Sanofi’s first product from the Ablynx deal scores CHMP backing as it looks for $500M in peak sales

A bivalent anti-vWF nanobody, Cablivi is the first medicine based on Ablynx’s nanobody platform to receive a positive CHMP opinion. (Sanofi)

Hard on the heels of completing its €3.9 billion ($4.5 billion) Ablynx acquisition, Sanofi has won a European recommendation for the first product out of that deal.

On Friday, the European Medicines Agency’s Committee for Medicinal Products for Human Use (CHMP) recommended approval of Cablivi (caplacizumab) for the treatment of a rare autoimmune blood-clotting disorder called acquired thrombotic thrombocytopenic purpura (aTTP).

A bivalent anti-vWF nanobody, Cablivi is the first medicine based on Ablynx’s nanobody platform to receive a positive regulatory opinion, and if approved, it will also be the first drug specifically indicated for aTTP. Jefferies analysts have previously predicted it will become the standard of care for aTTP, with peak annual sales of $500 million.

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“The benefits with Cablivi are its ability to reduce time to platelet count response, the recurrence rate of the disease, the number of days of plasma exchange, the volume of plasma used, and the length of hospitalization and intensive care unit stay,” the committee wrote in its opinion.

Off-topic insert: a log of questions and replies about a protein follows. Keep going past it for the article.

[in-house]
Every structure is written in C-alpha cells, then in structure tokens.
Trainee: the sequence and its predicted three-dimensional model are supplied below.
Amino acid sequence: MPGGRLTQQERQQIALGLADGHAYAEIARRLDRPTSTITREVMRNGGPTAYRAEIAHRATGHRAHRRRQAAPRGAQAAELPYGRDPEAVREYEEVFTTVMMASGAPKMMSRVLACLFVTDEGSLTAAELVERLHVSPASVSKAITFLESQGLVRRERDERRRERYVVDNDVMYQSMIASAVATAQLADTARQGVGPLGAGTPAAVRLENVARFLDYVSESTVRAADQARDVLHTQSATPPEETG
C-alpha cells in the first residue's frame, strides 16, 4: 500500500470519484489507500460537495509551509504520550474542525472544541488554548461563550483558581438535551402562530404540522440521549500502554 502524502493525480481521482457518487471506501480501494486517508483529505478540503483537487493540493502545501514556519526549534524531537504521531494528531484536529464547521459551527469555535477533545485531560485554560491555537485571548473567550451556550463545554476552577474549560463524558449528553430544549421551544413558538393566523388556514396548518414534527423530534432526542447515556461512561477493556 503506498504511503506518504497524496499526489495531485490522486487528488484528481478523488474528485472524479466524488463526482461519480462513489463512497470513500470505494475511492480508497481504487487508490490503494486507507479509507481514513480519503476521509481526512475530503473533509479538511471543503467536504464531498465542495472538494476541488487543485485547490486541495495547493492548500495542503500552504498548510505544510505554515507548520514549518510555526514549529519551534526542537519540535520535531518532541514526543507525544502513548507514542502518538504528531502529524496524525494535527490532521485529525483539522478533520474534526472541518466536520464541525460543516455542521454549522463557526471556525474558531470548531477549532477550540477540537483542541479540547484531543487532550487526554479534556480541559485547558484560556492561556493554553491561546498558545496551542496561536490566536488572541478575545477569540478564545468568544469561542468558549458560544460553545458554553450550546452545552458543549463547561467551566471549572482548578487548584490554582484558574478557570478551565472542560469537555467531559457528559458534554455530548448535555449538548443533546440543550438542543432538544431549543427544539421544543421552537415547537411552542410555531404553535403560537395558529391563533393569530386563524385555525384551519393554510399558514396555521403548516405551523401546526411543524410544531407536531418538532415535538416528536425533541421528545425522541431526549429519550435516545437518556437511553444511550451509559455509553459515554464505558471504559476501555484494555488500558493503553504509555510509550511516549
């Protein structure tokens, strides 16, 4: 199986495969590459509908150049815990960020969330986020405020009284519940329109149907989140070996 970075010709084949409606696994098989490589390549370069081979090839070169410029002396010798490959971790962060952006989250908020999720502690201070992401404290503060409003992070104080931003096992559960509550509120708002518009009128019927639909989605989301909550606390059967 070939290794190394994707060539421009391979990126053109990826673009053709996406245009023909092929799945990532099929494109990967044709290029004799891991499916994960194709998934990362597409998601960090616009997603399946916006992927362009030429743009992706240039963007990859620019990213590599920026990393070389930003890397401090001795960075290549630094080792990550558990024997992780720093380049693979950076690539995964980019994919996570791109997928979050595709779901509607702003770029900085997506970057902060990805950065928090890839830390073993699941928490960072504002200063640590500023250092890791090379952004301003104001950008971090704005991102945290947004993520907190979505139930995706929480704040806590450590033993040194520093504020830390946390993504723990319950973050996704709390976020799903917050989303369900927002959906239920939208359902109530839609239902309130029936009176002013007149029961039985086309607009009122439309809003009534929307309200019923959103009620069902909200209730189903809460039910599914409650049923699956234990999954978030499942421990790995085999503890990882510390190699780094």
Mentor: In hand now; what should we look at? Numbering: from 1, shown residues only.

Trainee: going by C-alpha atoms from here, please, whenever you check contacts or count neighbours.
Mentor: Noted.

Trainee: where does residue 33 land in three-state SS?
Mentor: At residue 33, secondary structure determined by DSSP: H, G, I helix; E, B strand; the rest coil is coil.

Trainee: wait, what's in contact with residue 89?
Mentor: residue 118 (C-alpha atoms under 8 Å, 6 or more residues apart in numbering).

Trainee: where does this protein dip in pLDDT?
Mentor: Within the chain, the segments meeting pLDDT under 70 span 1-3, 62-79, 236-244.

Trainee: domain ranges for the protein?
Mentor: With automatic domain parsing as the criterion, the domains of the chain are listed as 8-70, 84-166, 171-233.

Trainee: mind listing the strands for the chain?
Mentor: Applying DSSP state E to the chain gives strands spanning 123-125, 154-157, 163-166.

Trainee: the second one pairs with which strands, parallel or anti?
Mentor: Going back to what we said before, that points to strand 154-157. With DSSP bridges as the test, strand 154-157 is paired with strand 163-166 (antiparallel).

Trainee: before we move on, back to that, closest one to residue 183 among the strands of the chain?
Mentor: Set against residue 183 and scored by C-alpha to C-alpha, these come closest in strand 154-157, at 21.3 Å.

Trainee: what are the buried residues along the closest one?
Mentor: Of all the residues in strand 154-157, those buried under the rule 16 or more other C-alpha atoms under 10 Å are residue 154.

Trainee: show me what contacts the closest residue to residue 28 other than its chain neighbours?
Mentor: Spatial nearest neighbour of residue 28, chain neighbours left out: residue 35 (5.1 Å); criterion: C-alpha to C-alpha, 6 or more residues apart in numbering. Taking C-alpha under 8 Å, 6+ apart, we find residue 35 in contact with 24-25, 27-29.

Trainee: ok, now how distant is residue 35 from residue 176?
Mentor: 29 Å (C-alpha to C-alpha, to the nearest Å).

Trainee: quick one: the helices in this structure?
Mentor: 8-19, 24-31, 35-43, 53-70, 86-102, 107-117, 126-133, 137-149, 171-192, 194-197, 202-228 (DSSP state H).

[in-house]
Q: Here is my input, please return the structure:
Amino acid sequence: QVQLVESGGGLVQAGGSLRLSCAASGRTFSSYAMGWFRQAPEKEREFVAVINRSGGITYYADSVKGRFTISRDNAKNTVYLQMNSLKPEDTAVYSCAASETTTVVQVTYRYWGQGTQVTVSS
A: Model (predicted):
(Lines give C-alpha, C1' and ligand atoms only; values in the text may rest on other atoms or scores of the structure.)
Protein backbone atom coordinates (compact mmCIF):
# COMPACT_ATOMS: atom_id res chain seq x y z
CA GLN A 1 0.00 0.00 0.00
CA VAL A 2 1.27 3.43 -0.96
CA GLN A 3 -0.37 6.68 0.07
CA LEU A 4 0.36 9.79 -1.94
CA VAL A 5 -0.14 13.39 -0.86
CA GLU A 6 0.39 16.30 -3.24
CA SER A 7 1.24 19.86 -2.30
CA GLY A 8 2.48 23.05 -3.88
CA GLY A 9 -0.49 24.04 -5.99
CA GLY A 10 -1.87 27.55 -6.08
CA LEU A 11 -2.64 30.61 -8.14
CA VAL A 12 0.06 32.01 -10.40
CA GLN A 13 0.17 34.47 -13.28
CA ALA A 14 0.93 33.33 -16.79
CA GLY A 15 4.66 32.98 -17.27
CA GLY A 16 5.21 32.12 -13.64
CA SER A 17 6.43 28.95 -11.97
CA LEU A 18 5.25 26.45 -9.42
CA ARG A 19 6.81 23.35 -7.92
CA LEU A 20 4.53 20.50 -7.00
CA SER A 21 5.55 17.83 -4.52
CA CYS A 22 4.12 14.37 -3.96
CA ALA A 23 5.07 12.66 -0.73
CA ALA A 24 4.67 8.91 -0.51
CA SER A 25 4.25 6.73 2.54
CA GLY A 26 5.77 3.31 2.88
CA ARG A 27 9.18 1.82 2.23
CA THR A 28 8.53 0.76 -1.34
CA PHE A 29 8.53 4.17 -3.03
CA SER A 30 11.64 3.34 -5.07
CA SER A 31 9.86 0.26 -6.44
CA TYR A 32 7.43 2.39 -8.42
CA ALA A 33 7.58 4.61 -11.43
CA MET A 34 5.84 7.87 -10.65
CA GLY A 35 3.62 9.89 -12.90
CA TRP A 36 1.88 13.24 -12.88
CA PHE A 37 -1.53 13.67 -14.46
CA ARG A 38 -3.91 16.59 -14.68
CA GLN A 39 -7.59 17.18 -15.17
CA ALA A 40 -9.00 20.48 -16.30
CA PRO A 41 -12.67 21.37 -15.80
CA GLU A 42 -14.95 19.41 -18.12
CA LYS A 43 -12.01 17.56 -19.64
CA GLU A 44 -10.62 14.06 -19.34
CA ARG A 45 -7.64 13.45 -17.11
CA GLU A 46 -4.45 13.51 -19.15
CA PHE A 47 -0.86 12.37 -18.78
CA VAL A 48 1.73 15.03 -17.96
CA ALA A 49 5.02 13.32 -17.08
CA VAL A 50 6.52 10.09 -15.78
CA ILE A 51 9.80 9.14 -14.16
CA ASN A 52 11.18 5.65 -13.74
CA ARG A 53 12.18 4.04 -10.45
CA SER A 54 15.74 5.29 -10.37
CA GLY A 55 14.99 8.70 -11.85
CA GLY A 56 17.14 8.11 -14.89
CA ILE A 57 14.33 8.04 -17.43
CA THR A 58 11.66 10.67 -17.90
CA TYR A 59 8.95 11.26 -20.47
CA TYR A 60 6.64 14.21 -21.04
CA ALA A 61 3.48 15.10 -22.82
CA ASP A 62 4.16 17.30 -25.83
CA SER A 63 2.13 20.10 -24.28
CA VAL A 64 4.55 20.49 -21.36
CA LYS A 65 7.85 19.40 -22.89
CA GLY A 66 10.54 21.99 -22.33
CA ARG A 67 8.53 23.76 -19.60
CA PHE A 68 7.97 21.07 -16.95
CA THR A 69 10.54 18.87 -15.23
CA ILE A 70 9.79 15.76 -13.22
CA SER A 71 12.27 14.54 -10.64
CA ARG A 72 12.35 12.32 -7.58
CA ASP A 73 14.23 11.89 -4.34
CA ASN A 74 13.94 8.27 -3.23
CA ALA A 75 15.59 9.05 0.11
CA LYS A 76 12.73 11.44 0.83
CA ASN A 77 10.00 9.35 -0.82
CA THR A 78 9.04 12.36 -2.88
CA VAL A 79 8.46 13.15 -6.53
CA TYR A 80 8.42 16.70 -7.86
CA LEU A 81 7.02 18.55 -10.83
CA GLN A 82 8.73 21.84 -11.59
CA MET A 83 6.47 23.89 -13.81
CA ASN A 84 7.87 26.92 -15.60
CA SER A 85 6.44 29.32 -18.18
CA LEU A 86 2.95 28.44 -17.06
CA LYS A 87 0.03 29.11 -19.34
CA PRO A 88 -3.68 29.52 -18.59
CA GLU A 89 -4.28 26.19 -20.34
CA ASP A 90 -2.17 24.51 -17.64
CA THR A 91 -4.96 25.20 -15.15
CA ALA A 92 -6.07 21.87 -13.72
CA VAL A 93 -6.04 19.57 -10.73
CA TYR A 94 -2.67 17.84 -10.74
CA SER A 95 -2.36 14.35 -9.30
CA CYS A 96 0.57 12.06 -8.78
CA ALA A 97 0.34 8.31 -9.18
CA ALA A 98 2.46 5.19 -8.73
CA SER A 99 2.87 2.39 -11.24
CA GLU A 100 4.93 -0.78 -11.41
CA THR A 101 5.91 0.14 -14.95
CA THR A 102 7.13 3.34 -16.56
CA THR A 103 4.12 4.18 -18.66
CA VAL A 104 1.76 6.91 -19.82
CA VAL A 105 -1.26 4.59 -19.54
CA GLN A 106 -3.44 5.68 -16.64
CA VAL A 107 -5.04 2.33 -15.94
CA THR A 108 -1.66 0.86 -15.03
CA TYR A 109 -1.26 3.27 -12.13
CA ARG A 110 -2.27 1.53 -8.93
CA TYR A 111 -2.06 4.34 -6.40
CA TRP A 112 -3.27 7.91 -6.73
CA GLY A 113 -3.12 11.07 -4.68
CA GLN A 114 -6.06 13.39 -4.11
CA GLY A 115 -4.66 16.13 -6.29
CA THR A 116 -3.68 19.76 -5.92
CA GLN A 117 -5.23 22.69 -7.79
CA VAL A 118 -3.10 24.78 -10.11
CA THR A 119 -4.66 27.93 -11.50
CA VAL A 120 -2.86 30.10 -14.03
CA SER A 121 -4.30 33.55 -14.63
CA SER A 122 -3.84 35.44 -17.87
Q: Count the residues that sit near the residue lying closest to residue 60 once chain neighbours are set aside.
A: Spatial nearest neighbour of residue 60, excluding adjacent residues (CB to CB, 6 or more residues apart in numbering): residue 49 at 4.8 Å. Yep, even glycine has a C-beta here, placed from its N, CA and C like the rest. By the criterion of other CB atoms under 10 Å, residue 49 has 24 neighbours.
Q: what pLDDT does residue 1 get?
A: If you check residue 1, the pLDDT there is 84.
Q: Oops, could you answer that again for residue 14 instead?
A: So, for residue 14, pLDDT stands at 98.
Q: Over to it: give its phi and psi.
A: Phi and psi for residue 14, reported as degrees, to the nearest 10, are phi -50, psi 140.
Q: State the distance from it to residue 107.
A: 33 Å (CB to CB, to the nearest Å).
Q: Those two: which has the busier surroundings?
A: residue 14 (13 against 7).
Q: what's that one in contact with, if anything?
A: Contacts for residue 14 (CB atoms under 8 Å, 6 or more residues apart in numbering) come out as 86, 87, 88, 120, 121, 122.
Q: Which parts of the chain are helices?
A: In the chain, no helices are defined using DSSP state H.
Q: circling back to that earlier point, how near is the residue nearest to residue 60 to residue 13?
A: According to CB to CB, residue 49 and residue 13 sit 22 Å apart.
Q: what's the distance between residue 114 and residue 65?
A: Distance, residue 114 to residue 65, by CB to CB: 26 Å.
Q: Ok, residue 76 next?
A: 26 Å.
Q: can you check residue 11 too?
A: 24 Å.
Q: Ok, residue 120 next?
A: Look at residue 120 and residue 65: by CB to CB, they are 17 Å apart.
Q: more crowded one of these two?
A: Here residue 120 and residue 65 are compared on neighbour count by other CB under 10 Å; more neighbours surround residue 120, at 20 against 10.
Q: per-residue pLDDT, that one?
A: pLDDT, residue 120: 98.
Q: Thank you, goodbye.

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That efficacy profile was proved in the phase 3 HERCULES studies, and a three-year follow-up is currently in progress to further evaluate the drug’s long-term safety and efficacy.

Sanofi now expects a final marketing authorization from the European Commission in the coming months. As for the U.S., the drug is under an FDA “Fast Track” designation for the same indication, and Sanofi plans to file for approval by the end of this year.

RELATED: As Sanofi buyout nears, Ablynx lupus drug flunks midphase trial

Cablivi will fit into Genzyme’s new blood disorder franchise that also includes hemophilia assets gained from Sanofi’s $11.6 billion Bioverativ buyout and renewed agreement with Alnylam. Ablynx also has ALX-0171, a phase 2 nanobody designed to fight respiratory syncytial virus infection in infants.

As part of its refocusing effort championed by CEO Oliver Brandicourt, Sanofi is busy buying new products and is also jettisoning some noncore businesses at the same time. After first announcing its intent to unload the European generics business Zentiva back in 2015, Sanofi has just reached a final, €1.9 billion deal with buyer Advent.

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